IR is the infiltration rate of the native soils (inches/hr).

If the DDTcalc is greater than the user defined required drawdown time then the user will be prompted to enter a new overflow depth or infiltration rate.

  • Infiltration rates of the underlying soils are restricted to being below 1.63 inches per hour.
  • The Media surface area must be equal to or smaller than the Overflow surface area.
  • The Overflow depth is recommended to be 4 feet or less, but the User may enter a larger value if the ponded volume can infiltrate within the drawdown time.

Methodology

Required Treatment Volume

Required treatment volume, or the volume of stormwater runoff delivered to the BMP, equals the performance goal (1.1 inches or user-specified performance goal) times the impervious area draining to the BMP plus any water routed to the BMP from an upstream BMP. This stormwater is delivered to the BMP instantaneously.

Volume Reduction

The volume reduction achieved by a BMP compares the capacity of the BMP to the required treatment volume. The Volume reduction capacity of BMP is calculated using BMP inputs provided by the user. For this BMP, the Volume reduction capacity is equal to the amount of stormwater that can be instantaneously captured above the media and below the overflow point. The captured volume (V) is given by

\(V= [(A_O+A_M)/2*(D_O)]\)

Where:

AO is the overflow surface area (ft);
AM Is the media surface area (ft); and
DO is the overflow depth (ft).

The Volume of retention provided by BMP is the amount of volume credit the BMP provides toward the performance goal. This value is equal to the lesser of the Volume reduction capacity of BMP calculated using the above method or the Required treatment volume. This check makes sure that the BMP is not getting more credit than the amount of water it receives. For example, if the BMP is oversized the user will only receive credit for the Required treatment volume routed to the BMP, which corresponds with meeting the performance goal for the site.

Pollutant Reduction

schematic illustrating how pollutants are treated with the MIDS calculator
Schematic illustrating how the MIDS calculator estimates pollutant load reductions. All TSS and phosphorus that infiltrates into the underlying soil is reduced. There is no reduction for water not captured by the BMP.

Pollutant load reductions are calculated on an annual basis. Therefore, the first step in calculating annual pollutant load reductions is converting the Volume reduction capacity of BMP, which is an instantaneous volume reduction, to an annual volume reduction percentage. This is accomplished through the use of performance curves developed from multiple modeling scenarios. The performance curves use the Volume reduction capacity of BMP, the infiltration rate of the underlying soils, the contributing watershed percent impervious area, and the size of the contributing watershed to calculate a percent annual volume reduction. While oversizing a BMP above the Required treatment volume will not provide additional credit towards the performance goal volume, it may provide additional pollutant reduction on an average annual basis.

A 100 percent removal is credited for all pollutants associated with the reduced volume of stormwater since these pollutants are either attenuated within the media or pass into the underlying soil with infiltrating water . Pollutants in the stormwater that bypasses the BMP through overflow are not reduced. A schematic of the removal rates can be seen in the sidebar.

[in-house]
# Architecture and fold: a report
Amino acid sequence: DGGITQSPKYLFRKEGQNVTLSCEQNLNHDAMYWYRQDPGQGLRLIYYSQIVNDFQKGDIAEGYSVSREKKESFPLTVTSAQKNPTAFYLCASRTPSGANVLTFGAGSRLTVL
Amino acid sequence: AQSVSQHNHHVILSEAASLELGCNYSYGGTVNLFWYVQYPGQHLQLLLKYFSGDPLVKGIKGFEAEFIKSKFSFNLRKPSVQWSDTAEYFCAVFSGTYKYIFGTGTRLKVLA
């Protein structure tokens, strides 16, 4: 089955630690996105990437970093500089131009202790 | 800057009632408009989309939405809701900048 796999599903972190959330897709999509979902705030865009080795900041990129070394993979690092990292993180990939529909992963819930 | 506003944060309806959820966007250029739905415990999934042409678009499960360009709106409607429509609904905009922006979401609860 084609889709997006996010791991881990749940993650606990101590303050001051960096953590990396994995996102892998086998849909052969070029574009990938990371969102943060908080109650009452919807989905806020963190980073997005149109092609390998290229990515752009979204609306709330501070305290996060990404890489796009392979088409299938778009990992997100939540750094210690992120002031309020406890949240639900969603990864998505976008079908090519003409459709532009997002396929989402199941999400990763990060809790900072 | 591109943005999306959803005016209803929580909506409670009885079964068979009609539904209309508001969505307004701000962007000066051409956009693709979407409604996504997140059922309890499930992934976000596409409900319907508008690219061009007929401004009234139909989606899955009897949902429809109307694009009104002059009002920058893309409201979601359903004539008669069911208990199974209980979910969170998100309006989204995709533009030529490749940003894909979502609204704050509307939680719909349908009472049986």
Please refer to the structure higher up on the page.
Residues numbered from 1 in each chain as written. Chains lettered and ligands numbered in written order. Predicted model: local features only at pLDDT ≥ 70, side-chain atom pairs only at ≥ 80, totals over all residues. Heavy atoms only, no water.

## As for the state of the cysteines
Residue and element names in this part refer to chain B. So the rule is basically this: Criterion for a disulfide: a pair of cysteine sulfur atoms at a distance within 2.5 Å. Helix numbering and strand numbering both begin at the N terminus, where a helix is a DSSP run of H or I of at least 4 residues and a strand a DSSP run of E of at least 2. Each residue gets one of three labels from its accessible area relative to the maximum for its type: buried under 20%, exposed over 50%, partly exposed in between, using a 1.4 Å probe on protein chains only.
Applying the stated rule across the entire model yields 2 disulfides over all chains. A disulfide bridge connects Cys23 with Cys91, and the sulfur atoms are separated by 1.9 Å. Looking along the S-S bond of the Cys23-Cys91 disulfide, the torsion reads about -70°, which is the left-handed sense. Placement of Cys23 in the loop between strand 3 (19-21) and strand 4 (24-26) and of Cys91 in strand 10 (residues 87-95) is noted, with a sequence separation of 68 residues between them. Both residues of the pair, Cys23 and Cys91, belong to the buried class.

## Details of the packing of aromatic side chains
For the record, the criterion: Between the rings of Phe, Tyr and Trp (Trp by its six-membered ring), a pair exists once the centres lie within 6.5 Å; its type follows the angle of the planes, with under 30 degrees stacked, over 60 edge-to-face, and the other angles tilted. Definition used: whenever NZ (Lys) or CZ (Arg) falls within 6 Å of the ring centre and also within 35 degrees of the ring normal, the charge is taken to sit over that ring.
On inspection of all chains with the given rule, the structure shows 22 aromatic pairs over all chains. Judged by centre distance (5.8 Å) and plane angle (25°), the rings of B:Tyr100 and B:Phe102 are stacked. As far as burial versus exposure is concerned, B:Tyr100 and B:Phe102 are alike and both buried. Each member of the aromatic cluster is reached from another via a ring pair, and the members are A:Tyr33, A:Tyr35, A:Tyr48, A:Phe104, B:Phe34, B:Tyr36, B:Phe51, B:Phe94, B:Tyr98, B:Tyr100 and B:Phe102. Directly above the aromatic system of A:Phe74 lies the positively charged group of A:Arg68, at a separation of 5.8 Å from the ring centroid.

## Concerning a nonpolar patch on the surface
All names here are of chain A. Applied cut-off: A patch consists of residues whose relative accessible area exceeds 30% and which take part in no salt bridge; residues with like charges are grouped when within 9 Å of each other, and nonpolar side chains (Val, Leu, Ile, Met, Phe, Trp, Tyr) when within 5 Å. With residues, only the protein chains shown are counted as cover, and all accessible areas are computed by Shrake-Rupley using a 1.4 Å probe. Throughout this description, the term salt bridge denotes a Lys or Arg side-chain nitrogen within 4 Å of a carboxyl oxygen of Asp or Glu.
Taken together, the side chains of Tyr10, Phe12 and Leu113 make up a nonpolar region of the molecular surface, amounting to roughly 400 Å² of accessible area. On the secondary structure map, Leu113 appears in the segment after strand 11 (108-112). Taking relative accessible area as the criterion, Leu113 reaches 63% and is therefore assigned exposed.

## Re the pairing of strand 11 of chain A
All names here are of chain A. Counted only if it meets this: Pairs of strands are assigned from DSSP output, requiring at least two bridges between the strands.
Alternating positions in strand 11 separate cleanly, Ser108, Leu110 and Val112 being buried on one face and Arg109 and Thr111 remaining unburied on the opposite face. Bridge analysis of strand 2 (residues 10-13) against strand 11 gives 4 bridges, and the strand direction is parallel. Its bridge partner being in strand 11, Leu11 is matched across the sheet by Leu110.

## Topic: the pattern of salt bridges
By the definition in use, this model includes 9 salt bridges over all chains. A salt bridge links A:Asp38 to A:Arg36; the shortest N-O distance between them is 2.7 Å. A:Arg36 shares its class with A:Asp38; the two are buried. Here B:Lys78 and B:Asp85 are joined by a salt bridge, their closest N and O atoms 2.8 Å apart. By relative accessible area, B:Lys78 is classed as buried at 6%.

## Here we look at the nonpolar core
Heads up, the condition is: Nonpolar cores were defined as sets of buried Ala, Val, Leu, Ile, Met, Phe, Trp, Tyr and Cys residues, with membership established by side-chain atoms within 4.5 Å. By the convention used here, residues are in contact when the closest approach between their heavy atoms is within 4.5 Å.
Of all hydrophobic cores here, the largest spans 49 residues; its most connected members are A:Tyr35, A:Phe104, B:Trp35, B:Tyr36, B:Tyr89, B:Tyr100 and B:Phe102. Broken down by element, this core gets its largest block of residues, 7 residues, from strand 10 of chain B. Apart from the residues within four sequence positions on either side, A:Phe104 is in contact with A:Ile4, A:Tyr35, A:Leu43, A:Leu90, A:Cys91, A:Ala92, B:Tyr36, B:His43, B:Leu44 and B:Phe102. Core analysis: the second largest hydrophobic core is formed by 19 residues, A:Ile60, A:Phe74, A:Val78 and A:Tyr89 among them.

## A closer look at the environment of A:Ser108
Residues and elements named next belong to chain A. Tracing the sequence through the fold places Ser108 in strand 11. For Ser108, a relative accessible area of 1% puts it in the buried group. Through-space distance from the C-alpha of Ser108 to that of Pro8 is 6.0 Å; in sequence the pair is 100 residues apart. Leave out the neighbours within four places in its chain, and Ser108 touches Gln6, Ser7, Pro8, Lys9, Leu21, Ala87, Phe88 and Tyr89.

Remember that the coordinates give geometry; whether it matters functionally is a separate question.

NOTE: The user can modify event mean concentrations (EMCs) on the Site Information tab in the calculator. Default concentrations are 54.5 milligrams per liter for total suspended solids (TSS) and 0.3 milligrams per liter for total phosphorus (particulate plus dissolved). The calculator will notify the user if the default is changed. Changing the default EMC will result in changes to the total pounds of pollutant reduced.

Routing

An infiltration basin can be routed to any other BMP, except for a green roof and a swale side slope or any BMP that would cause stormwater to be rerouted back to the infiltration basin already in the stormwater runoff treatment sequence. All BMPs can be routed to an infiltration basin, except for a swale side slope.

Assumptions

The following general assumptions apply in calculating the credit for an infiltration basin. If these assumptions are not followed, the volume and pollutant reduction credits cannot be applied.

  • The infiltration basin has been properly designed, constructed and will be properly maintained.
  • Stormwater runoff entering the bioretention basin has undergone pretreatment.
  • Stormwater captured by the BMP enters the BMP instantaneously and is initially ponded within the BMP. This will underestimate actual infiltration since some water will enter the soil/media during a rain event, thus creating more volume for storage in the BMP.

Infiltration Basin/Underground Infiltration (Calculator Version 2)

schematic used for MIDS calculator example infiltration basin
Schematic used for the infiltration basin example for the MIDS calculator. Impervious area is 1.4 acres and pervious area, which includes turf and the infiltration BMP, is 0.8 acres. See Step 1.
site information tab for MIDS calculator
Screen shot of the Site information tab for the MIDS calculator example for infiltration basin. See Step 2.
schematic used for infiltration basin example
Schematic used for the MIDS calculator example for infiltration basin. See Step 1.
screen shot of schematic tab for infiltration basin
Screen shot of the Schematic tab for the infiltration basin example for the MIDS calculator. See Step 3.